The European Broadcasting Union is likely to win the right to the .radio new gTLD, beating three portfolio applicants, after a favorable Community Priority Evaluation.
The main reason the EBU managed to score a passing 14 out of 16 points in the CPE is that there was no significant objection to the EBU’s bid on the public record.
The EBU managed to win, under ICANN’s complex scoring system, despite the fact that the CPE panel ruled that no one entity, not even the EBU, can claim to represent the “radio” community.
The win means that Donuts, Afilias and BRS Media, which all applied for open .radio gTLDs, will likely have to withdraw their bids and leave .radio in the hands of the EBU’s more restrictive policies.
The EBU’s bid envisages a post-registration enforcement regime, in which registrants’ web sites and Whois records are vetted to ensure they have a community “nexus” and are using their domains in the spirit of the community.
Registrants would have to provide a statement of their usage intent at the point of registration.
Domain investors are explicitly not welcome in the TLD, judging by the EBU’s application.
The EBU, as mentioned, scored 14 out of 16 points in the CPE. The threshold to pass is 14.
As I’ve been saying for years, passing a CPE should be very difficult because applicants can immediately lose two points if there’s any decent opposition to their applications.
The other three applicants for .radio could have easily beaten back the EBU had they managed to effectively organize just a single significant member of the radio community against the EBU’s bid.
However, they failed to do so.
The EBU scored the maximum of two points under the “Opposition” part of the CPE, because, in the words of the panel:
To receive the maximum score for Opposition, the application must not have received any opposition of relevance. To receive a partial score for Opposition, the application must have received opposition from, at most, one group of non-negligible size.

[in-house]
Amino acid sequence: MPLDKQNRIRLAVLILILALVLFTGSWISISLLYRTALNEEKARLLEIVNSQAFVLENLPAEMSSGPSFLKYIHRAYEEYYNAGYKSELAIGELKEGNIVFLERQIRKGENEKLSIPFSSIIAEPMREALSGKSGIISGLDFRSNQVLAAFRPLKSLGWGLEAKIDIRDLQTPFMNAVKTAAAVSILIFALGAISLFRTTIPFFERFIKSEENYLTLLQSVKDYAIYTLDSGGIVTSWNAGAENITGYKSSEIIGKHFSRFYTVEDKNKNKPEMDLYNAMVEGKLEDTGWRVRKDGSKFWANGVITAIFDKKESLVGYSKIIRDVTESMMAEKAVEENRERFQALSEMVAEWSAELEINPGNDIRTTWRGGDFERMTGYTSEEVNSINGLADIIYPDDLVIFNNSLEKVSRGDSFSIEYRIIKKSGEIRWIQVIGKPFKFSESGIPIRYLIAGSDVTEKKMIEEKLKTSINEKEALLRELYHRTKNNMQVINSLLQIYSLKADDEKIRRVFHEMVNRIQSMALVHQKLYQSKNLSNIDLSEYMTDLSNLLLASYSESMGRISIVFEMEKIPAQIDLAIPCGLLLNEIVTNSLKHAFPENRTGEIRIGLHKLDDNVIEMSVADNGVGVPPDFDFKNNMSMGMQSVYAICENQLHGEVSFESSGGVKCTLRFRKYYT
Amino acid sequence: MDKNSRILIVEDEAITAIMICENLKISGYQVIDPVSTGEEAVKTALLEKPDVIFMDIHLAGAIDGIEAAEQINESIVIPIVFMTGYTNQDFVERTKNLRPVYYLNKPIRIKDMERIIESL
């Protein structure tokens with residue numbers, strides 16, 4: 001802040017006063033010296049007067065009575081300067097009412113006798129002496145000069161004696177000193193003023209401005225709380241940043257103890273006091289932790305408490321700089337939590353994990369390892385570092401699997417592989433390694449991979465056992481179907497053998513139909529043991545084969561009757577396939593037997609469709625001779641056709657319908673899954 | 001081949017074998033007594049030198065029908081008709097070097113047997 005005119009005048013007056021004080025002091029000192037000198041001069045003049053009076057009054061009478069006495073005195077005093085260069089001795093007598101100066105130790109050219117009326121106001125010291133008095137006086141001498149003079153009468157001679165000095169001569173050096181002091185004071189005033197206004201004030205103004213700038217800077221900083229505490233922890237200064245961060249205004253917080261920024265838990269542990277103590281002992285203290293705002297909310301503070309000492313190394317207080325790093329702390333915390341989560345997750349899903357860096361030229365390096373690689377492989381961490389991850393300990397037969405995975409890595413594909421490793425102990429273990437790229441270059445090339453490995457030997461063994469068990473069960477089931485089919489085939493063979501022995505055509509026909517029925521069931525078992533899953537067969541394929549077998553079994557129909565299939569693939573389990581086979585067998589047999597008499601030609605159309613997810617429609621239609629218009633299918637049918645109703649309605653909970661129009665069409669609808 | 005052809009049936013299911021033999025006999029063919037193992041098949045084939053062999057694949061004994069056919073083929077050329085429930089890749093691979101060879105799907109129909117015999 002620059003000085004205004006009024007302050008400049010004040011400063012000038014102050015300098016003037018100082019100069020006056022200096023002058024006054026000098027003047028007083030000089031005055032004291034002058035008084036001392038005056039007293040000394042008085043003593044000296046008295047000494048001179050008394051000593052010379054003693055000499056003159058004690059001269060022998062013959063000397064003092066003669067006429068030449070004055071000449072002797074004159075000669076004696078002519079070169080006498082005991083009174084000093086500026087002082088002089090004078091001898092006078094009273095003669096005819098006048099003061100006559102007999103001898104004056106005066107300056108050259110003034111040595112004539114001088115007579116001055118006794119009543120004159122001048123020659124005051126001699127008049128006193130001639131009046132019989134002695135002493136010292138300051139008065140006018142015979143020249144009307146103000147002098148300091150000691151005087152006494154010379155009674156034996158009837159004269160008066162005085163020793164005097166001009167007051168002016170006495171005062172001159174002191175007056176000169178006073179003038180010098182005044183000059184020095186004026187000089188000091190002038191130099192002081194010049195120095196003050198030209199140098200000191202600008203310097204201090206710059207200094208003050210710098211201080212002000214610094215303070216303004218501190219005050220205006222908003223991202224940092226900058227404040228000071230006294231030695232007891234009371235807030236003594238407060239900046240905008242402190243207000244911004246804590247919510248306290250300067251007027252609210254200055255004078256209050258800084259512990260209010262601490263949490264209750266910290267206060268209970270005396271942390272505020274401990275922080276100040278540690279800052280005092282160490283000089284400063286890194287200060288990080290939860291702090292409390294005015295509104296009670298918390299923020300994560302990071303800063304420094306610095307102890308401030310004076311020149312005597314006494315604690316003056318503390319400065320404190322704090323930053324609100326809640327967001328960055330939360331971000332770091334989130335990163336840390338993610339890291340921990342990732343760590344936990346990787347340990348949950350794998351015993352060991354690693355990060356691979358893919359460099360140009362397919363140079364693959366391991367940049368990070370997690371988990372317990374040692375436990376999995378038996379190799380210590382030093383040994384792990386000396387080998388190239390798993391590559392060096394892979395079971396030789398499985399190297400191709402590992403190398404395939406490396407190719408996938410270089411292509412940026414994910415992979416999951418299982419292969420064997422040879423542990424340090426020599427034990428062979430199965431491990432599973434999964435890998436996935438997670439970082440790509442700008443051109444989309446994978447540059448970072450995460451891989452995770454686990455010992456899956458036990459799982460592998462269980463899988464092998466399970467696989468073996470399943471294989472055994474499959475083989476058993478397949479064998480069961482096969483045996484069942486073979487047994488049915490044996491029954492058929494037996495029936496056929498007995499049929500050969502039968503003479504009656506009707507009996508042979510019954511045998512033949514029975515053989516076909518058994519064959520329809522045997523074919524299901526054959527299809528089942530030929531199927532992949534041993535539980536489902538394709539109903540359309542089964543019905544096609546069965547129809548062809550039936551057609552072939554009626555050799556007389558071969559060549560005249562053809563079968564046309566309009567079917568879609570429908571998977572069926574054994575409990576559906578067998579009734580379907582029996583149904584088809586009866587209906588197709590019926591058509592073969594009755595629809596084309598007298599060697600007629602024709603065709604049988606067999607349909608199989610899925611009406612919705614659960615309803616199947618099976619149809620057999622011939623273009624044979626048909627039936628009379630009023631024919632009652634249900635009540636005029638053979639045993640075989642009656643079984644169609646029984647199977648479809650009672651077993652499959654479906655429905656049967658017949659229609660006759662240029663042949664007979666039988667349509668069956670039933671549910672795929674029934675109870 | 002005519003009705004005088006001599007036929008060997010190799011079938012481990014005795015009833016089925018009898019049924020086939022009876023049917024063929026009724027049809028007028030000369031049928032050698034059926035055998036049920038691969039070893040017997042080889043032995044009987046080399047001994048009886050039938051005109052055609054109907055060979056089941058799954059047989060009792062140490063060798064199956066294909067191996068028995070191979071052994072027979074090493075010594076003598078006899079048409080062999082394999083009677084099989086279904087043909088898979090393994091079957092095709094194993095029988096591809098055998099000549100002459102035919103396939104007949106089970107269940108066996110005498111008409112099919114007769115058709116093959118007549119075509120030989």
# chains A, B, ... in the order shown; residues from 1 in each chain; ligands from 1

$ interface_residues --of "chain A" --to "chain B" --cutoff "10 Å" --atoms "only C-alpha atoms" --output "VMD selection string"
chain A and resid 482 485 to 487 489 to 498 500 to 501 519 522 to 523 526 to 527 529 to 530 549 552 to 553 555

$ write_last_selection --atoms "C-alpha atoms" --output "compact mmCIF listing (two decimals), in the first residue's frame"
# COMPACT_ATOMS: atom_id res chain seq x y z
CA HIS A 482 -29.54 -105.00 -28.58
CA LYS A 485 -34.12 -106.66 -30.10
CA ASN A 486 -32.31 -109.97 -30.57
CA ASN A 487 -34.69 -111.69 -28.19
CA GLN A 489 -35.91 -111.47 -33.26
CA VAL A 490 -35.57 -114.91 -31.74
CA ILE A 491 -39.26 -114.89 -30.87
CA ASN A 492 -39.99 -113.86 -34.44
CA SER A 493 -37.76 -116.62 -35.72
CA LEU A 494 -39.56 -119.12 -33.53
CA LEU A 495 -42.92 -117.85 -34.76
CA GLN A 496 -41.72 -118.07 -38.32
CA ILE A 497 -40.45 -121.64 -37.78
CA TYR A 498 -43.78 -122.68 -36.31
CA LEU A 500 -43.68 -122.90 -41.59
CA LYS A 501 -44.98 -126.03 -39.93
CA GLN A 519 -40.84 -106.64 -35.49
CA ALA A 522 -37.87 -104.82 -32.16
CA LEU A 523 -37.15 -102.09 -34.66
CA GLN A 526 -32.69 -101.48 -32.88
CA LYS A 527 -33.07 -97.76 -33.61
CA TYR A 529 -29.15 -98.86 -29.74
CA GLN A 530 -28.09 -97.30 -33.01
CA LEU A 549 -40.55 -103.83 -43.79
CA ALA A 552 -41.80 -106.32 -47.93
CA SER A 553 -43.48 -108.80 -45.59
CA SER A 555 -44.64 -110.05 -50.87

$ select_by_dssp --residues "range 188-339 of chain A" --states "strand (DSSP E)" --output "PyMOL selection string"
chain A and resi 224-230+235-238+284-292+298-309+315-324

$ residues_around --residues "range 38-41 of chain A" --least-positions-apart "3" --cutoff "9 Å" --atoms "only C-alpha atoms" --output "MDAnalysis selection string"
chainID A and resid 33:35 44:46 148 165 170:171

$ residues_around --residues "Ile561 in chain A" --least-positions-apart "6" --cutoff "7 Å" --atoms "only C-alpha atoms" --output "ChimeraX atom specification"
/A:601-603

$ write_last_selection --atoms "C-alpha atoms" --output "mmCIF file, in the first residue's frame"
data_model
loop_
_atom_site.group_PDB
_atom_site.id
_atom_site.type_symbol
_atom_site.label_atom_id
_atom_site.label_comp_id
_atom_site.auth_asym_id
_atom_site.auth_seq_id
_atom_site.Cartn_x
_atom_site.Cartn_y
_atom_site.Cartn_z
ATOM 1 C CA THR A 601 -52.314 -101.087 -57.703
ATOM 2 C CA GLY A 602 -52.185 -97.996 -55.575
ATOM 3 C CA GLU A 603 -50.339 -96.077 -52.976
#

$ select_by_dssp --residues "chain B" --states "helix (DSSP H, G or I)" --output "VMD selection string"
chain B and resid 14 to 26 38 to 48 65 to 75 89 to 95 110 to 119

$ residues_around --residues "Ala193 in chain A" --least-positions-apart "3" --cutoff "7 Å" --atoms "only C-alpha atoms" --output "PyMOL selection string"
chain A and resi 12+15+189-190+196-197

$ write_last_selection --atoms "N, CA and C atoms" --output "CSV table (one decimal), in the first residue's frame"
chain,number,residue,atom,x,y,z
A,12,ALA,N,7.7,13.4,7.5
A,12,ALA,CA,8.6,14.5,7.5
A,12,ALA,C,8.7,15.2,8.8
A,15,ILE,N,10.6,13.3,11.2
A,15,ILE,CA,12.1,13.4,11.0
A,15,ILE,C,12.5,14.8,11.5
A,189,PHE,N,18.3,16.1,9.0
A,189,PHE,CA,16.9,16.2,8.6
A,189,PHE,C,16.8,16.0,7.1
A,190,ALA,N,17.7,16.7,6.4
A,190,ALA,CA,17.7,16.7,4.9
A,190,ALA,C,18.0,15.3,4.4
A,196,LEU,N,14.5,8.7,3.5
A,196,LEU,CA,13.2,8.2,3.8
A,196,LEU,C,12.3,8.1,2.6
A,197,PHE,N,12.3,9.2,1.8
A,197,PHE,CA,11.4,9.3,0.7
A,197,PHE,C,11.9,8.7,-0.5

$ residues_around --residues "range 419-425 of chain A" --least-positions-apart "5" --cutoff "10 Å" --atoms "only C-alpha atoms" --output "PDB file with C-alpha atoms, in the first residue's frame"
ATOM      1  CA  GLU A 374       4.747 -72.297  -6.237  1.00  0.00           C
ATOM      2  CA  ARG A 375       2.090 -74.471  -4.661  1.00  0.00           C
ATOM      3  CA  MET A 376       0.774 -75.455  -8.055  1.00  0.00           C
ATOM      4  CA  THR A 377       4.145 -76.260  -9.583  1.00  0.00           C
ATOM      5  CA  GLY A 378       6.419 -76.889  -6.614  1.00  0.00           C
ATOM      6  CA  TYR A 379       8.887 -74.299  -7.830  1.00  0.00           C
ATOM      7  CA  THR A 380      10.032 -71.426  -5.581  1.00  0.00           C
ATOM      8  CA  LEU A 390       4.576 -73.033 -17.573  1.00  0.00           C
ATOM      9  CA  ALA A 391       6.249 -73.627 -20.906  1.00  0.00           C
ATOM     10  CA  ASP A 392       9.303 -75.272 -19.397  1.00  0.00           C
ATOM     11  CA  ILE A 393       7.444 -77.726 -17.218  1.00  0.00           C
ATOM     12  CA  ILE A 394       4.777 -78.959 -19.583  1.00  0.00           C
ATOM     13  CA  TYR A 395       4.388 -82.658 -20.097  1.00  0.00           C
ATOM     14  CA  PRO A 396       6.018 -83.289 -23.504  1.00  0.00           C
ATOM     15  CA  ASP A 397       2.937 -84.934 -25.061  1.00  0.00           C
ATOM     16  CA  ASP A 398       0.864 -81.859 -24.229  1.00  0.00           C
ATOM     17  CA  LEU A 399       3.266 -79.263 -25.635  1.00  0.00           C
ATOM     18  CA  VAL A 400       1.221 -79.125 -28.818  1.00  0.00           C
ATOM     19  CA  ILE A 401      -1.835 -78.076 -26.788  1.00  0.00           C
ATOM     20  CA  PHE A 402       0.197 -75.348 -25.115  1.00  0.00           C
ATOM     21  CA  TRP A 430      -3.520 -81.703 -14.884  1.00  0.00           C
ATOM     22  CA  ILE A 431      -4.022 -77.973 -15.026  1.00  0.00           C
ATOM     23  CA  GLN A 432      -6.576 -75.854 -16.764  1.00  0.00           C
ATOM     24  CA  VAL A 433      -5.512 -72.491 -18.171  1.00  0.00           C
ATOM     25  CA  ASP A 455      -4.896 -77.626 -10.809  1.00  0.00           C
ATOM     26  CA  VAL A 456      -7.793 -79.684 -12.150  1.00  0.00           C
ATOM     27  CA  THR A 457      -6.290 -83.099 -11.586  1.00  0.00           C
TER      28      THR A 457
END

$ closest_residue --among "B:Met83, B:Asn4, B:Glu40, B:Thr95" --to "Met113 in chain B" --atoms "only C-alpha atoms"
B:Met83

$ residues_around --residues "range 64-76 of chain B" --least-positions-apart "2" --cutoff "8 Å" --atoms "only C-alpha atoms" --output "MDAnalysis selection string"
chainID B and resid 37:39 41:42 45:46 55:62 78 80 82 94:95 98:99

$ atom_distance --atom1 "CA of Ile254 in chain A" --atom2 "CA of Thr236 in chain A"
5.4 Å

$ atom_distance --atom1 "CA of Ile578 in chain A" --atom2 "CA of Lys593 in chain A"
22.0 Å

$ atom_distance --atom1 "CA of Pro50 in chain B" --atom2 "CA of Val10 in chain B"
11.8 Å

The application received letters of opposition, which were determined not to be relevant, as they were (1) from individuals or groups of negligible size, or (2) were not from communities either explicitly mentioned in the application nor from those with an implicit association to such communities.
Donuts, Afilias and BRS Media all submitted comments in opposition to the EBU application. As competing applicants, these submissions were (probably correctly) disregarded by the panel.
There were a small number of other objecting comments on the record that the CPE panel (again probably correctly) chose to disregard as coming from organizations of negligible size.
A third comment came from the Webcaster Alliance, a group that made a bit of a name for itself a decade ago but which today has a one-page web site that doesn’t even list its members (assuming it has any).
Attempts by BRS Media, which already runs .am and .fm, to orchestrate a campaign of opposition seem to have failed miserably.
In short, the panel’s decision that there was no relevant, on-the-record opposition seems to be on pretty safe ground.
What’s slightly disturbing about the CPE is that the panel seems to have decided that the EBU does not actually represent the radio community as described in its application.
It dropped one point on the “Community Establishment” criteria, and another on the “Nexus between Proposed String and Community” criteria.
Specifically, it lost a point because, as the panel stated:
Based on information provided in the application materials and the Panel’s research, there is no such entity that organizes the community defined in the application. Therefore, as there is no entity that is mainly dedicated to the community as defined in the .RADIO application, as the Panel has determined, there cannot be documented evidence of community activities.
In other words, there may be a “radio community”, but nobody, not even the EBU, is responsible for organizing it.
It also lost a point because while the string “radio” does “identify” the community, it does not “match” it.
The panel explained:
To receive the maximum score for Nexus, the applied-for string must “match” the name of the community or be a well-known short-form or abbreviation of the community name. To receive a partial score for Nexus, the applied-for string must “identify” the community. “Identify” means that the applied-for string should closely describe the community or the community members, without over-reaching substantially beyond the community.
Failing to get full marks on community and nexus would usually, in my view, indicate that an application would not succeed in its CPE bid.
However, the lack of any outcry from significant members of the community (either because there was no such opposition or the three rival applicants failed to muster it) seems set to allow .radio to be managed by the applicant with the most restrictive policies.